KCNQ3-related disorders are caused by a change in the genetic material (pathogenic variants) in the KCNQ3 gene located on chromosome 8. KCNQ3 encodes for voltage gated potassium channel subunits which are widely expressed in the nervous system. These subunits form channels with specific functional properties known as the M-current. This current suppresses repetitive transmission of electrical signals (neuronal firing). In this way, it has a critical role in controlling neuronal excitability.

Disease-causing variants in KCNQ3 cause the potassium channel to be closed more than it should be (loss-of-function) and have been associated with a broad spectrum of neonatal or infantile-onset epilepsy with or without developmental delay. KCNQ2 variants that open the potassium channel more than it should be (gain-of-function) are mainly characterized by developmental delay and autistic features without neonatal seizures.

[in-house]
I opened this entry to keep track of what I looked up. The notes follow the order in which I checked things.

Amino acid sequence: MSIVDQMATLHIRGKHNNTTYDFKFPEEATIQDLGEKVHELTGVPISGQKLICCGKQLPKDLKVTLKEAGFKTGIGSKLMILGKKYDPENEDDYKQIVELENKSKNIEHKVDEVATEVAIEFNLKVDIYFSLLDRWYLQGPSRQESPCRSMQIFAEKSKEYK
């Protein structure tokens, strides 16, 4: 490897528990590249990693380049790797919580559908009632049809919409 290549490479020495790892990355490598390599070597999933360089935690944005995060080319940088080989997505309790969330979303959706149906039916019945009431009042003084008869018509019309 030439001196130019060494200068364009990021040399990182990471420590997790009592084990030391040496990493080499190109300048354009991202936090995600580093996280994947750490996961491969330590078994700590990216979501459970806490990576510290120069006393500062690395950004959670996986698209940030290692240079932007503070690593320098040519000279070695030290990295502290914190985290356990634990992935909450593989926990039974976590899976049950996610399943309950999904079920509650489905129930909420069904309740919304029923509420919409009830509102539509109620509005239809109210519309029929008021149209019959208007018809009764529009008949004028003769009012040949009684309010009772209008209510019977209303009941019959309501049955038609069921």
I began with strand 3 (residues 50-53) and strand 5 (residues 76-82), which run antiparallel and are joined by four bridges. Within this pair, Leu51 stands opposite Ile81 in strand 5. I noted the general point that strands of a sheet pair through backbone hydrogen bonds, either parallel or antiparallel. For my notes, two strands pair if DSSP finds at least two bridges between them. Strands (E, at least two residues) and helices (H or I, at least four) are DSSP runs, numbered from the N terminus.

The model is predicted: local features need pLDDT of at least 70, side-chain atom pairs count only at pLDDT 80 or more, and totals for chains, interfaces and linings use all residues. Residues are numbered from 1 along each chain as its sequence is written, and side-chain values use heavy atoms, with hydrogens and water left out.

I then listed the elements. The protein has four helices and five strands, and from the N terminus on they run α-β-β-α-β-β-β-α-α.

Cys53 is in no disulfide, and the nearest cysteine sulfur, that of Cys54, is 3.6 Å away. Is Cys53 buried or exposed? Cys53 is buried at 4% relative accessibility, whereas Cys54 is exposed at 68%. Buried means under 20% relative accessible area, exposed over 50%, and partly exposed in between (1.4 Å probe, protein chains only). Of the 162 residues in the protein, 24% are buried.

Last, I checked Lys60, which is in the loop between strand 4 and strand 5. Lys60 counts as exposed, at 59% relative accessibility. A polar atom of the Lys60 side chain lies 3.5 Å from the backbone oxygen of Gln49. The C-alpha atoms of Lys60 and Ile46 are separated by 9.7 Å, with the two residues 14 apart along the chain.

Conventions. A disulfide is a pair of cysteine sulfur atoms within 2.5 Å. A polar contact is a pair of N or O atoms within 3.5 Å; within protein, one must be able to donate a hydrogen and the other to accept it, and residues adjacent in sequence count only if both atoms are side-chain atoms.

Most genetic diseases are determined by the status of the two copies of a gene, one received from the father and one from the mother.
Disease causing variants are most often inherited by an autosomal dominant mode. This means that one of the two KCNQ3 copies with a variant is enough to cause the disease. Mildly affected patients associated with self-limiting neonatal/infantile seizures without developmental delay often inherited the variant from a parent. In contrast, almost all severely affected individuals with developmental delay have a new, spontaneous mutation that is not inherited (de novo), or they carry a disease-causing variant in each copy of the gene (autosomal recessive mode of inheritance).